kosher dills

It's a Book!

The Pickled Pantry is here!  thumbnail imageAnd now my summer truly begins.  I am planning to take my show on the road and bring dilly happiness to folks at book stores, festivals, farmers’ markets, and cooking classes.

Over Memorial Day weekend I pickled a case (that’s 48 pounds) of pickling cucumbers into dill chips, bread and butters, and curry chips. I have 60 pint jars of pickles aging in a corner of my dining room.  Then I bought another 5 pounds of cukes and made a gallon of half-sours, which I hope to be ready by Sunday, June 8, when I take part in the Grand Opening of Phoenix Books in Burlington, Vermont.
60 jars of pickles plus a gallon of half-sours
People often ask how long it takes to write a cookbook like this, which has about 150 recipes.  The answer is usually, “All my adult life.”  If the book covers a subject I care passionately about – cooking vegetables, making pickles, preserving – then, truthfully, I’ve been at it since I left my mother’s house, a long, long time ago.  

Pickles got me started as a cookbook author.  As the newly anointed cookbook editor for Garden Way Publishing, which specialized in books about gardening and other self-sufficiency, homesteading skills, I was looking for someone to write a book about pickling.  When I couldn’t find anyone, I said to the publisher, “Heck, I could write it myself.”  That book was Pickles and Relishes: 150 Recipes from Apples to Zucchini, and it was publishing in 1983.  Then Garden Way morphed into Storey Publishing but I went freelance rather than relocate when the company moved.  My next book was Summer in Jar, which included jams as well as pickles.  That publishing company was bought out by a Christian publisher with no interest in cookbooks.  But I was off and running, writing  and editing cookbooks as a freelancer, writing for magazines, gardening, cooking, and raising a family.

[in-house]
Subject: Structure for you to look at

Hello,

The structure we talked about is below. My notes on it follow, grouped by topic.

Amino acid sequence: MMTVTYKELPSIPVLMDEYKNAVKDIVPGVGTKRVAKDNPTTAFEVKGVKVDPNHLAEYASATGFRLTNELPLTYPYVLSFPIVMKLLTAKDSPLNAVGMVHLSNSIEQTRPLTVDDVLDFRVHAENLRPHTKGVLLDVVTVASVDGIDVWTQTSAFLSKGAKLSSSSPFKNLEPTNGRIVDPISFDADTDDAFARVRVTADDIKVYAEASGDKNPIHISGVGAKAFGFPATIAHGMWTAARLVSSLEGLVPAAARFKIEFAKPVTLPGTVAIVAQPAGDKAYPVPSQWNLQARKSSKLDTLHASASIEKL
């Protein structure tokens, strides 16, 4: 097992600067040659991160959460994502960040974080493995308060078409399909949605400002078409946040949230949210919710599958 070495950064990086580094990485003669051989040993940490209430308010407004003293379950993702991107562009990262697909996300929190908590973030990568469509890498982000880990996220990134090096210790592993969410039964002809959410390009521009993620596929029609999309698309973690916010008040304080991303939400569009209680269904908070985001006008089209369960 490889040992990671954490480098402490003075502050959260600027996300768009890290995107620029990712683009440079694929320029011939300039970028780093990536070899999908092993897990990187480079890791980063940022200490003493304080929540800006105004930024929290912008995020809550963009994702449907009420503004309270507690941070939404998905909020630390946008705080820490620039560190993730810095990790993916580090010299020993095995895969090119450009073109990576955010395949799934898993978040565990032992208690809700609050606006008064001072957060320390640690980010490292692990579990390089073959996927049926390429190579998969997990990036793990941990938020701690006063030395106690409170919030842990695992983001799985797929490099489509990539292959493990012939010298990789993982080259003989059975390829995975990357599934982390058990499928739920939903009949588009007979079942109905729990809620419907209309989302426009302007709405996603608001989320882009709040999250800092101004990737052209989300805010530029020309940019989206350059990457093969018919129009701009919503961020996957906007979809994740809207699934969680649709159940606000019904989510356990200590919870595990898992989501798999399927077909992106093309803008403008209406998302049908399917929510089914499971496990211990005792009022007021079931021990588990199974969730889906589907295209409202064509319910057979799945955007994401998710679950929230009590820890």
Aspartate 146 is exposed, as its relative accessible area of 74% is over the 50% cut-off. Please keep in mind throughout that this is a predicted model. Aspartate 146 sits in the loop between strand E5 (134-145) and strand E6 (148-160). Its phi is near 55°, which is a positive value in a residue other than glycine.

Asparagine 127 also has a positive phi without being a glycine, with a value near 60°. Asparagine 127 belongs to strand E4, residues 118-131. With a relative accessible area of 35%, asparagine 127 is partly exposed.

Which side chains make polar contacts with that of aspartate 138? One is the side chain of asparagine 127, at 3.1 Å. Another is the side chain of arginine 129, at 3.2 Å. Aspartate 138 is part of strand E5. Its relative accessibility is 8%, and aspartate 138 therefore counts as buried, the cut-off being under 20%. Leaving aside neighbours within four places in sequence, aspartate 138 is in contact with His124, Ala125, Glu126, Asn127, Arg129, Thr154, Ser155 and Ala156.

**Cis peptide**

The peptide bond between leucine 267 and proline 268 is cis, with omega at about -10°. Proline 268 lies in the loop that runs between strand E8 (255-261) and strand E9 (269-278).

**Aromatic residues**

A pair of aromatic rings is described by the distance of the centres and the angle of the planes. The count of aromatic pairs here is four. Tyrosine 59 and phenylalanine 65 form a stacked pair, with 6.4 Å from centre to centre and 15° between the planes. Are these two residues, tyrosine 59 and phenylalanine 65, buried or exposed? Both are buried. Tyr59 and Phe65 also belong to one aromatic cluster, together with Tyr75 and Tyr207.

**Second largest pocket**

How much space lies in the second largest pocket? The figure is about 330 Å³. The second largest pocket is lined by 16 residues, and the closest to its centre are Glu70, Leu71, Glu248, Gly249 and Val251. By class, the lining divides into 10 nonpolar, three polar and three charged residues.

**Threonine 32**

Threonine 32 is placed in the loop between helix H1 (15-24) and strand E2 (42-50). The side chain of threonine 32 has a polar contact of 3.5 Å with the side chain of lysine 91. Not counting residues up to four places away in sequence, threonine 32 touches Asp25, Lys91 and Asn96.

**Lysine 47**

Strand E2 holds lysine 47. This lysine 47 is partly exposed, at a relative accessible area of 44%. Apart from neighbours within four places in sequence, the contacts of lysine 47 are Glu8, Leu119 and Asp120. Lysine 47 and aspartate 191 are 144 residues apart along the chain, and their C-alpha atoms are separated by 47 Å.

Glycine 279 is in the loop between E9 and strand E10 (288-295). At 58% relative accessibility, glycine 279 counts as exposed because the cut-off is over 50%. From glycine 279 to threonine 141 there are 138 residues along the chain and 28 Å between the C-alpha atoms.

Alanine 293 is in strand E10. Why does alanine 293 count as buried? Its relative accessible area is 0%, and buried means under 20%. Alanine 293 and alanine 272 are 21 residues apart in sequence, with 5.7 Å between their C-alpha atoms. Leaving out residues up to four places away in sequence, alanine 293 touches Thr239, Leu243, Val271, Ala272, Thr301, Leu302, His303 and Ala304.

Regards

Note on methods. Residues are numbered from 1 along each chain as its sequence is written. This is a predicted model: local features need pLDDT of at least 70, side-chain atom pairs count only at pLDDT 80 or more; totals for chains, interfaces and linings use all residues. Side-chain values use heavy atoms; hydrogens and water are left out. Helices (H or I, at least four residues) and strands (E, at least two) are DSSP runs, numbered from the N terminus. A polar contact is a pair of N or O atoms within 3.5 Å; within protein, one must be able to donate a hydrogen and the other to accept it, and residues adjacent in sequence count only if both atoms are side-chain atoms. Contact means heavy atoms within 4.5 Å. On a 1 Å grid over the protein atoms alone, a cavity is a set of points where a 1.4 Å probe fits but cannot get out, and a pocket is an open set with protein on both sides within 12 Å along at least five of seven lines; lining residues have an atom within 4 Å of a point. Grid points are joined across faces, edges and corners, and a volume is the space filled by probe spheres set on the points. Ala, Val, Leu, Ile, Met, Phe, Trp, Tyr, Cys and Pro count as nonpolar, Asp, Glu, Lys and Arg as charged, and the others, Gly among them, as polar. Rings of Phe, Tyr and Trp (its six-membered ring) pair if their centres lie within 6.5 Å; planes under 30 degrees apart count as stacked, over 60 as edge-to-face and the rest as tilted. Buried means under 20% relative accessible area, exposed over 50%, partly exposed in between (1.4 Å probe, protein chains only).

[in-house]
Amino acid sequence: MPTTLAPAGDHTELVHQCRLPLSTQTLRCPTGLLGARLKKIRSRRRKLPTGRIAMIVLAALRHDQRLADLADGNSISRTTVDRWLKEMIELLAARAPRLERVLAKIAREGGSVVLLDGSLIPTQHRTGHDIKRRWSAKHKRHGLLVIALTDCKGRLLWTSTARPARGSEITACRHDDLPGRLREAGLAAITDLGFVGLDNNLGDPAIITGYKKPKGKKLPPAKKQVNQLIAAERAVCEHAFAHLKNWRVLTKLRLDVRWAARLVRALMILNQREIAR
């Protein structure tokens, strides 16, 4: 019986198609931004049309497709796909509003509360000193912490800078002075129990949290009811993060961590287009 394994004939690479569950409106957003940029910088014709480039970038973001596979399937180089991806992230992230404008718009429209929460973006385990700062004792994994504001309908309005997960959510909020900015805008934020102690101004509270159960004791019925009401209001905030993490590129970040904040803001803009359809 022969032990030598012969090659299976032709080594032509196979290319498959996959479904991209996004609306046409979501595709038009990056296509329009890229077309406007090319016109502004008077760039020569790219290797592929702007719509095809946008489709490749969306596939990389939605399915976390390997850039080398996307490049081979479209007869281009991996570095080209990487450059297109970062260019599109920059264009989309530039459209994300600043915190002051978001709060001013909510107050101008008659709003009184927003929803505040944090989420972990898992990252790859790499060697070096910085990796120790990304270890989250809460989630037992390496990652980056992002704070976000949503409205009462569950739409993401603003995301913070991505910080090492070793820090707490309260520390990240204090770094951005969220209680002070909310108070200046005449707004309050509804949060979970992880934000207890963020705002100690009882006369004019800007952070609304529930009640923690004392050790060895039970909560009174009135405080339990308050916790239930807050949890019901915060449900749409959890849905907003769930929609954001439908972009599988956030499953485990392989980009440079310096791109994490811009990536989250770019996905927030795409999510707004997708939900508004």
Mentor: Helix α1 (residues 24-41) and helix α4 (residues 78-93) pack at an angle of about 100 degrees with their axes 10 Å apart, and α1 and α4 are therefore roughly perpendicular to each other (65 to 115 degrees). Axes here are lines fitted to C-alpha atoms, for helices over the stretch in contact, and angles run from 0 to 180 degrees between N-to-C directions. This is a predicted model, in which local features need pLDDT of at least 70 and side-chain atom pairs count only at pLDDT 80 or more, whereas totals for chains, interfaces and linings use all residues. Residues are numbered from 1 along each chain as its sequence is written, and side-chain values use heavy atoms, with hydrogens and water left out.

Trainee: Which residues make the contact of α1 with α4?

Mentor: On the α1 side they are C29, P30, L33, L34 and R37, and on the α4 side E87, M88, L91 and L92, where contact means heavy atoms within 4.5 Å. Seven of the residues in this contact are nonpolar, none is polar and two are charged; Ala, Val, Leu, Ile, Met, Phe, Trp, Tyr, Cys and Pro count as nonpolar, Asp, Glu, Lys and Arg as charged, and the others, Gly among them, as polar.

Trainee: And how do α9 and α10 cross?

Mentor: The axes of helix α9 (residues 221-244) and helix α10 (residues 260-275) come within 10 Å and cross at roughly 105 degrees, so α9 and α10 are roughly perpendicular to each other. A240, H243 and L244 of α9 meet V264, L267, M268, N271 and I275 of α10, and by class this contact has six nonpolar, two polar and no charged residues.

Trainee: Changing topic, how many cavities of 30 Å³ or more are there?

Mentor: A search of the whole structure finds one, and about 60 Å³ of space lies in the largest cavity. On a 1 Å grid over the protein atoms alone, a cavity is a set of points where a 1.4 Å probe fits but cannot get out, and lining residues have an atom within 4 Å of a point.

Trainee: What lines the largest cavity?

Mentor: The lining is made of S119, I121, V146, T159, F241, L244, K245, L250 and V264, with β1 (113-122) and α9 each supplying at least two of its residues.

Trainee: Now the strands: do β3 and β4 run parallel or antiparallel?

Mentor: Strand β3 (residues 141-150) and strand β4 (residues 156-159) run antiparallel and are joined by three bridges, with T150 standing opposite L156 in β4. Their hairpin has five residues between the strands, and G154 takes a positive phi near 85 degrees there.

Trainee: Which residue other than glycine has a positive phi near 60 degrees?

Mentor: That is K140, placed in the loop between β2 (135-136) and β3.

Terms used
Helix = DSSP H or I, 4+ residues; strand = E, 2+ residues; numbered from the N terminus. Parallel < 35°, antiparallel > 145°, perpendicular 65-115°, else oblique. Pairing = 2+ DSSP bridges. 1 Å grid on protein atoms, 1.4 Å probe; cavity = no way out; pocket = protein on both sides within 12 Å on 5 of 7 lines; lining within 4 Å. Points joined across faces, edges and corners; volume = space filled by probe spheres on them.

Those first preserving books are out of print. The Pickled Pantry combines the very best of those original recipes with new ones.  Kimchi, anyone?

All along, through busy summers and leisurely ones, I had one quest: to make the perfect dill pickle.  Have I succeeded?  You be the judge. 


 A sample of No-Fail Half-Sour Dills

No-Fail Half-Sour Dill Pickles

Makes about 2 quarts


Vinegar gives a kick-start to the pickling process in these quick and easy pickles, guaranteeing success. If you’ve never tried fermented pickles, this is definitely the recipe to start with. You can multiply this recipe as many times as you like, but these pickles are best enjoyed at 1 to 2 weeks, so it makes sense to make small batches as the cucumber season progresses.


4 cups water